I’ve been driving through Dixie for days when at last I enter Jackson, Mississippi, a disconcertedly quiet place that doesn’t even know I’m there. It’s a contrast to the smaller southern towns I’ve recently visited, many of which seemed acutely interested in the white guy in the rental car asking questions about civil rights. I’m just here to gather stories, I explained, from the people who lived them. Though as I’d found, many of the people who’d lived them were no longer alive, making their stories difficult to tell. I didn’t know how to persuade the dead to talk or the living to listen. I drove to Jackson anyway.
In 1933 or so, an eight-year-old named Medgar Evers watched a man named Willie Tingle get dragged through the streets of their town. This was in Decatur, Mississippi—70 miles west of Jackson. Willie, a family friend, had made the mistake of allegedly talking back to a white woman. He paid the price with his body. He was dragged, he was shot, he was hanged. He was reduced to his blood-stained clothes. Medgar and his brother Charles passed Willie’s clothes daily while walking to school. For black boys in Mississippi the message was clear: if you keep your eyes low and your feet moving, there’s a chance you might survive.
Twenty-two years later, a boy named Emmett Till was alleged to have talked back to a white woman. He, too, paid a price with his body. One night in August 1955 he was abducted by a pair of men in Money, Mississippi, who beat him, shot him, tied a gin fan round his neck. Once his body was recovered, it was placed in a casket, its lid flung wide. At his funeral, Emmett’s mother wept as she stared at the face that no longer resembled her son. “I wanted the world to see what they did to my baby,” she remarked. The world looked. Sometimes we still look. Which is another reason I drove to Jackson.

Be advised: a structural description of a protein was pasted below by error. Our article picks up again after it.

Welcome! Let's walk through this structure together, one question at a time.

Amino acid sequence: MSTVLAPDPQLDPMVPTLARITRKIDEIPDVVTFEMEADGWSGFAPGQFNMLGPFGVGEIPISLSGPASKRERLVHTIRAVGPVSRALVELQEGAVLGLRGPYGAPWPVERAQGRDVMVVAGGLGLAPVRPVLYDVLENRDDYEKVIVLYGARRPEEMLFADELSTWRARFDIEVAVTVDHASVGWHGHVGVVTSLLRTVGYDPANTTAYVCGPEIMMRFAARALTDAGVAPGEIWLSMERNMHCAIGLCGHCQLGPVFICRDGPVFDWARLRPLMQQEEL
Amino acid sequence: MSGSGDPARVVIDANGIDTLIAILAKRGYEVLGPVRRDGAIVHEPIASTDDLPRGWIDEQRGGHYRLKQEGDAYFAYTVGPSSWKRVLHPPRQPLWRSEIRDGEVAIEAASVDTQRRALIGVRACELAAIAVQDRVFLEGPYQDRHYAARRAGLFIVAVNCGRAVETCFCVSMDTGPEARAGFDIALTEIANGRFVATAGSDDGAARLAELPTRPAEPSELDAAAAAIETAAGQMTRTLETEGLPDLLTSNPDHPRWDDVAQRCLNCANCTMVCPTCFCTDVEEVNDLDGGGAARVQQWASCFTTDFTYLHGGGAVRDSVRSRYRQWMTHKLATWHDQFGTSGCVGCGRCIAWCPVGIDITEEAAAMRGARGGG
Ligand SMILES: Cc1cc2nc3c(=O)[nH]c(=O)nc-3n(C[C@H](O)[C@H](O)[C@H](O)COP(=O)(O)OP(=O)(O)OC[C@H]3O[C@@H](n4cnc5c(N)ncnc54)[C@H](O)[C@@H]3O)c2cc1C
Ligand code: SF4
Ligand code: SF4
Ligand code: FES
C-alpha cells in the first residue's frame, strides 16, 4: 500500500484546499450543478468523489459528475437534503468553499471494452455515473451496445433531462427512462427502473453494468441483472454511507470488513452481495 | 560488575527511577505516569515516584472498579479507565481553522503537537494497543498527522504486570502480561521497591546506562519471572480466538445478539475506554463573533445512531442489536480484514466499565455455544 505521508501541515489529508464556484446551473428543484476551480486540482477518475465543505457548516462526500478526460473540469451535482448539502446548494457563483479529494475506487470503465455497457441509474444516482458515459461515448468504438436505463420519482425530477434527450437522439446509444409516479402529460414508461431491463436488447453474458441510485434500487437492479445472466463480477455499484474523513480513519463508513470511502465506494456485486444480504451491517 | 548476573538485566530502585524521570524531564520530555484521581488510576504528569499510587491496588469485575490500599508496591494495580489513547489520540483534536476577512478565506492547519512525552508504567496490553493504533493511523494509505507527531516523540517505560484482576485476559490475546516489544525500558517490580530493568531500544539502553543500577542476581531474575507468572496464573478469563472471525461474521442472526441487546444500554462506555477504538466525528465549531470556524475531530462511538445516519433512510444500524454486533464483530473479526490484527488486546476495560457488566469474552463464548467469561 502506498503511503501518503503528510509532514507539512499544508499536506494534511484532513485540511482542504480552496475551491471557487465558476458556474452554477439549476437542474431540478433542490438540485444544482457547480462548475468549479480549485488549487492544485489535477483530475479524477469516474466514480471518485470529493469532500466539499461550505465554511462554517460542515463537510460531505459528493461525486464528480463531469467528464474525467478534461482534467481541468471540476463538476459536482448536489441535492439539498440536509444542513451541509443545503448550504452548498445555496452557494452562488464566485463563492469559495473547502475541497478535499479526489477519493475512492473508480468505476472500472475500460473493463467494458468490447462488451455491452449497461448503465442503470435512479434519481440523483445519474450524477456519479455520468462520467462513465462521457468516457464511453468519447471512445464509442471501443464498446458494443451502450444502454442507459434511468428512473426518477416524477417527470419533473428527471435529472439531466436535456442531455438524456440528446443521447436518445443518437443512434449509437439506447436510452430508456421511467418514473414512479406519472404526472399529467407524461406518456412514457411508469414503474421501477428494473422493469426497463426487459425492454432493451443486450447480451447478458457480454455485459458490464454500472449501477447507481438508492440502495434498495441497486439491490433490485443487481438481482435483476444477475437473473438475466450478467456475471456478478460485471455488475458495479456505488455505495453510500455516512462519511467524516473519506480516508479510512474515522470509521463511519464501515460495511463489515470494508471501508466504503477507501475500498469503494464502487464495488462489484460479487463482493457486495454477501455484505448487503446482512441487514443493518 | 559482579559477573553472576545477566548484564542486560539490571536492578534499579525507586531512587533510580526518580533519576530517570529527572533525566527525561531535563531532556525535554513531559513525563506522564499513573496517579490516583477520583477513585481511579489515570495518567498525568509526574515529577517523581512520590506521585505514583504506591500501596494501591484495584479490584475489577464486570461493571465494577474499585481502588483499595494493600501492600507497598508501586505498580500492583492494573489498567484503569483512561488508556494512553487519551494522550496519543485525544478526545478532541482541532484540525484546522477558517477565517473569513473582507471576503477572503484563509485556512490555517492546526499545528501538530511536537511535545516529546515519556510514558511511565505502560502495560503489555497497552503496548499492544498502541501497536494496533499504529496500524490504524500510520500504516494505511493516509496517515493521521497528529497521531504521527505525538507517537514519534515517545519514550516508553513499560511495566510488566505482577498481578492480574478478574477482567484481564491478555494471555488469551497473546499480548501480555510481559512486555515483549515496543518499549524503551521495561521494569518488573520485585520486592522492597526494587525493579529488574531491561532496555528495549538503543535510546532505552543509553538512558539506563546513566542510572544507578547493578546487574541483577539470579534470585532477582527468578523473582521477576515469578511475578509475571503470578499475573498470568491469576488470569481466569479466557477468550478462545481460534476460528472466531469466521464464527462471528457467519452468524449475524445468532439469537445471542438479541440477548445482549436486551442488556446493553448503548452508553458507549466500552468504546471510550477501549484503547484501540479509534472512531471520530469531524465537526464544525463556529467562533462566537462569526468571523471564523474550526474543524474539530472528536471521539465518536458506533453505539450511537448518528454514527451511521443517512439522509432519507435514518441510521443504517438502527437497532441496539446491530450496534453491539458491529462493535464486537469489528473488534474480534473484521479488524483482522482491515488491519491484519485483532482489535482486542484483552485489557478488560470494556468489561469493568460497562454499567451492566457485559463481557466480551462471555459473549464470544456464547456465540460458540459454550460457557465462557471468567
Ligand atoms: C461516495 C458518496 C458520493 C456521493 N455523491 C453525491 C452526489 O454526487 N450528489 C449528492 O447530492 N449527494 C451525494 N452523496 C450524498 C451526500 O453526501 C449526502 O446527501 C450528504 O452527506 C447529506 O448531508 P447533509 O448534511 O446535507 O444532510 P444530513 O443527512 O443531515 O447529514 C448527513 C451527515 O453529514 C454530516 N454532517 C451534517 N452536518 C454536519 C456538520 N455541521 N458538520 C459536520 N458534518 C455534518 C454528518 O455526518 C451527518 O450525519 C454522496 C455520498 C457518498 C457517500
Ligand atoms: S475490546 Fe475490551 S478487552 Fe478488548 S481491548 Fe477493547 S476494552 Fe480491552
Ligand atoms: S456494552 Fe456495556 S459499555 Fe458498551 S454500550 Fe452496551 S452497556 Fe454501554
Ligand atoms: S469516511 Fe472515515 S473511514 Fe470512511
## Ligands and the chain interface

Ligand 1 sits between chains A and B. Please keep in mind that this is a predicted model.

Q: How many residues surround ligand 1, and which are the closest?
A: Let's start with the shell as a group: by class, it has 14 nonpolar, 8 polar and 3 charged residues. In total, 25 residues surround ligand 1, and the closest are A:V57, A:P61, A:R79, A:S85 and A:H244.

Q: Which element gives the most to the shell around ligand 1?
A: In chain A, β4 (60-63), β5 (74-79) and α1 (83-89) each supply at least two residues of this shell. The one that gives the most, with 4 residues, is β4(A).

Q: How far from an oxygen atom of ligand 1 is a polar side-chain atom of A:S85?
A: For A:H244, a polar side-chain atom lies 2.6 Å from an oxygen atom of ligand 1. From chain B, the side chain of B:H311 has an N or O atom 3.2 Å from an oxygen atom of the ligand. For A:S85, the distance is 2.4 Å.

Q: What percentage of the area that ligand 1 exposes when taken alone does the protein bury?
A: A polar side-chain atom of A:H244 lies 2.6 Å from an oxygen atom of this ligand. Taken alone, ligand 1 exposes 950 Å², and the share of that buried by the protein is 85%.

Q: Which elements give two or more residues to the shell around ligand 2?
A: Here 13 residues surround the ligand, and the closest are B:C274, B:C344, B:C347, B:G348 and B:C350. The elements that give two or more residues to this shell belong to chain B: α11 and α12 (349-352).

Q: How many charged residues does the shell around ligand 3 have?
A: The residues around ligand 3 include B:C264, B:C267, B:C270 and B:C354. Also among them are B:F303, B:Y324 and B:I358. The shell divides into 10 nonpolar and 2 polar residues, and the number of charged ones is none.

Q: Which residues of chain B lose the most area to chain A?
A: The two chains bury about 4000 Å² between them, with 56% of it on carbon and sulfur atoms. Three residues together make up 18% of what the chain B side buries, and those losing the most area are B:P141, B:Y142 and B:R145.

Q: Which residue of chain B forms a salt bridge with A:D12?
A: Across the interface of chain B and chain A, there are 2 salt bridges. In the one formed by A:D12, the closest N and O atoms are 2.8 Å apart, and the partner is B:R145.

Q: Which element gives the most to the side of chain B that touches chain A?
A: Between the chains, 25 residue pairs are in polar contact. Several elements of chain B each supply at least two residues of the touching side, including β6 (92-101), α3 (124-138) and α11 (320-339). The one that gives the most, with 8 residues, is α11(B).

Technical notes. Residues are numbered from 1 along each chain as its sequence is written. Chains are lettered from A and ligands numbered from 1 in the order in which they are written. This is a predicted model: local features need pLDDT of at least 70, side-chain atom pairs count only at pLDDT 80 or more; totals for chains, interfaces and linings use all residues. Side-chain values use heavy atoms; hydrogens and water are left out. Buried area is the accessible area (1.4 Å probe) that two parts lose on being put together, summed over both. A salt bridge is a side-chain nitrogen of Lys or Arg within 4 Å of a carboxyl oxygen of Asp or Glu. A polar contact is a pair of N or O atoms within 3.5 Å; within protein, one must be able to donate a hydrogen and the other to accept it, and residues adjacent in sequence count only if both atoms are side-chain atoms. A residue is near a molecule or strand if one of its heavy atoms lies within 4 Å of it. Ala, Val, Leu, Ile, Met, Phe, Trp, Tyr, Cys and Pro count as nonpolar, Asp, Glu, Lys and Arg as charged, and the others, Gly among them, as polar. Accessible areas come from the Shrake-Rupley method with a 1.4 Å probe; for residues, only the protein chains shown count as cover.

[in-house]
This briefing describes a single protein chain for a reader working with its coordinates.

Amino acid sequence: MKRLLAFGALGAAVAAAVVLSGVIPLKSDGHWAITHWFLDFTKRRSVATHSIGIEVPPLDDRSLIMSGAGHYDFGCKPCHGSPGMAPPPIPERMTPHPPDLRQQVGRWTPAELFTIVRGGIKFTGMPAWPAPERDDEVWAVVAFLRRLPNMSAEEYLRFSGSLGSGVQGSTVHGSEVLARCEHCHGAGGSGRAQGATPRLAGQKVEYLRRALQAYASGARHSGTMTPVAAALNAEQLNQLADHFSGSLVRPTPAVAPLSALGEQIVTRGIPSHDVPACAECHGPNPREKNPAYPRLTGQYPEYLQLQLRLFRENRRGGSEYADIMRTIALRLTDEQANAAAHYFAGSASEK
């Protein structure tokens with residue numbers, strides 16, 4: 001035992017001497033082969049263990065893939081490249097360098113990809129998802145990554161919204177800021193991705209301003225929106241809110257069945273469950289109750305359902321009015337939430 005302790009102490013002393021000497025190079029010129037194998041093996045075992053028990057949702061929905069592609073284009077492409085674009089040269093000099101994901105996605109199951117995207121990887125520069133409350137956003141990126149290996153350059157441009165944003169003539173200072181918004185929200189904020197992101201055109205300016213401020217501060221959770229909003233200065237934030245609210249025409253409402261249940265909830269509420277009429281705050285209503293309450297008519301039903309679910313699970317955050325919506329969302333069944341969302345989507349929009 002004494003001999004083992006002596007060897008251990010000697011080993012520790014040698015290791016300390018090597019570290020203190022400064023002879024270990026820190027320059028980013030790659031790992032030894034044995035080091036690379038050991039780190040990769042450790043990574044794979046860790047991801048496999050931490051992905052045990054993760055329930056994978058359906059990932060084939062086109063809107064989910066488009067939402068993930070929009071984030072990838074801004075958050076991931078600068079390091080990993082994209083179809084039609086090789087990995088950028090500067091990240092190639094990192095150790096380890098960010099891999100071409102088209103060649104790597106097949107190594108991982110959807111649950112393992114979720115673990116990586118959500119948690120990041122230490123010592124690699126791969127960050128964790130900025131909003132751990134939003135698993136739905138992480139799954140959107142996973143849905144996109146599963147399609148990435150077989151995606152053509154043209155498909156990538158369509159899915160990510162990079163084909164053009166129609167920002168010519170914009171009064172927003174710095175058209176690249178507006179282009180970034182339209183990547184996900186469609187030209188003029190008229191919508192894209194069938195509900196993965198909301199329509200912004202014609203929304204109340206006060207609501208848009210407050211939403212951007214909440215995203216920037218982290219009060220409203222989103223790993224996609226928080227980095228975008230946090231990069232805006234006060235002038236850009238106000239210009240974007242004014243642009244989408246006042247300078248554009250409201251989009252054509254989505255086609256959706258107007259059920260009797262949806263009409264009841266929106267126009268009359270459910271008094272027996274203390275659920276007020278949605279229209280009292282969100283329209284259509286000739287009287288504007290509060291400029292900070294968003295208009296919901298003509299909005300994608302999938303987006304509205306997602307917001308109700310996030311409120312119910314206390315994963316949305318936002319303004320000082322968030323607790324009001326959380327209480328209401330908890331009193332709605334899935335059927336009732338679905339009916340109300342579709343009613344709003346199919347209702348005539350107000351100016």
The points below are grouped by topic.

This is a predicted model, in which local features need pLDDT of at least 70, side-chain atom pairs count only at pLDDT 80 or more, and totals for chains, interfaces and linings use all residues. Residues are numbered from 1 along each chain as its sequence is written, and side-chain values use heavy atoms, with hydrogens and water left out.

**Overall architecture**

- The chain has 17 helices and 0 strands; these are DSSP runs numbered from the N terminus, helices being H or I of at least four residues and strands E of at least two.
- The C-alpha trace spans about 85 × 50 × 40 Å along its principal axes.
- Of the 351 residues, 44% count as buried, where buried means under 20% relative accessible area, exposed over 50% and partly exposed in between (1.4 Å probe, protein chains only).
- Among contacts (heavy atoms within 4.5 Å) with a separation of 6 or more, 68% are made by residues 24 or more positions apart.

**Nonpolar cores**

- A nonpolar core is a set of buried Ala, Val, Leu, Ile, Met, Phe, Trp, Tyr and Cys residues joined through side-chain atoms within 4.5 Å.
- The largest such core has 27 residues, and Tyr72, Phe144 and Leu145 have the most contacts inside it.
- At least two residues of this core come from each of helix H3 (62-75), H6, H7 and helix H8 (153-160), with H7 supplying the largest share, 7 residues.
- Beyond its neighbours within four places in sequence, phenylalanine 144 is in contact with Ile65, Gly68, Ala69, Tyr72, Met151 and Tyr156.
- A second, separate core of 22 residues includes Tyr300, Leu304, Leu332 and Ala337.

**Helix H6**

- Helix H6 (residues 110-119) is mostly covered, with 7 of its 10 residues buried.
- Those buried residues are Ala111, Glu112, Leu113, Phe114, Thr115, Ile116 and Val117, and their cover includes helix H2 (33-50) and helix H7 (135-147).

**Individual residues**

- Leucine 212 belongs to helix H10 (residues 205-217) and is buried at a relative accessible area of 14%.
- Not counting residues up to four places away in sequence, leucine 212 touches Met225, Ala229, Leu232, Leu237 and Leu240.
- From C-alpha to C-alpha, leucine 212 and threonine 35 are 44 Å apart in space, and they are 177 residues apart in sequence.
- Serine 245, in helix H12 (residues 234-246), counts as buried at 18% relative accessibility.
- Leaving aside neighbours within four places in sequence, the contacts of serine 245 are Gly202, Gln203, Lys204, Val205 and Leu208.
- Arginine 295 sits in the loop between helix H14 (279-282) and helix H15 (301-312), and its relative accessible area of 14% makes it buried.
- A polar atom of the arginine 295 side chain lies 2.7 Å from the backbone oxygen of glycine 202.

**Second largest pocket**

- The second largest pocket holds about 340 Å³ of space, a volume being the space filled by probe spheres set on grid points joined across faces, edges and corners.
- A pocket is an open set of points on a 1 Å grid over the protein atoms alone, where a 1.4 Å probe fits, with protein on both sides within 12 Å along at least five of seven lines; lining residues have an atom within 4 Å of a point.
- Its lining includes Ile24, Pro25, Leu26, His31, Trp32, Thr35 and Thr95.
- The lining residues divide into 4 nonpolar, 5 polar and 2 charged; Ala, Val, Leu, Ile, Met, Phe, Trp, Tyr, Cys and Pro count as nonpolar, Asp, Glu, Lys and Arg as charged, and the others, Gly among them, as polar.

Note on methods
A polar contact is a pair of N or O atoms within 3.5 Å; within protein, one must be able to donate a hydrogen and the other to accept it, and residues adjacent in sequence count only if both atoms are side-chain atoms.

Twenty or so years after Medgar Evers passed Willie Tingle’s blood-stained clothes, he was dispatched to investigate the murder of Emmett Till. Medgar talked, he listened, he tried to secure all the witness testimony he could. His efforts went unrewarded. The all-white jury deliberated for 67 minutes, which was all the time they had for a black boy. “If we hadn’t stopped to drink pop,” one juror remarked, “it wouldn’t have taken that long.”
“The exhibition of the brutalized black body,” writes Southern literature scholar Minrose Gwin, “is mired in a complex history of white voyeurism.” Which makes me the white voyeur in this scenario, as I pull my car to the side of the road just outside Medgar Evers’s home in Jackson. Today it’s more formally called the Medgar Evers Home Museum, though it holds no regular hours. In the weeks preceding my visit, I’d placed a call to Minnie Watson, an archivist at nearby Tougaloo College, who agreed to give me the tour. But upon pulling the car to the side of the road, I am the only one there: the voyeur, the tragedy tourist. The white man in the predominantly black neighborhood—much like Medgar’s killer.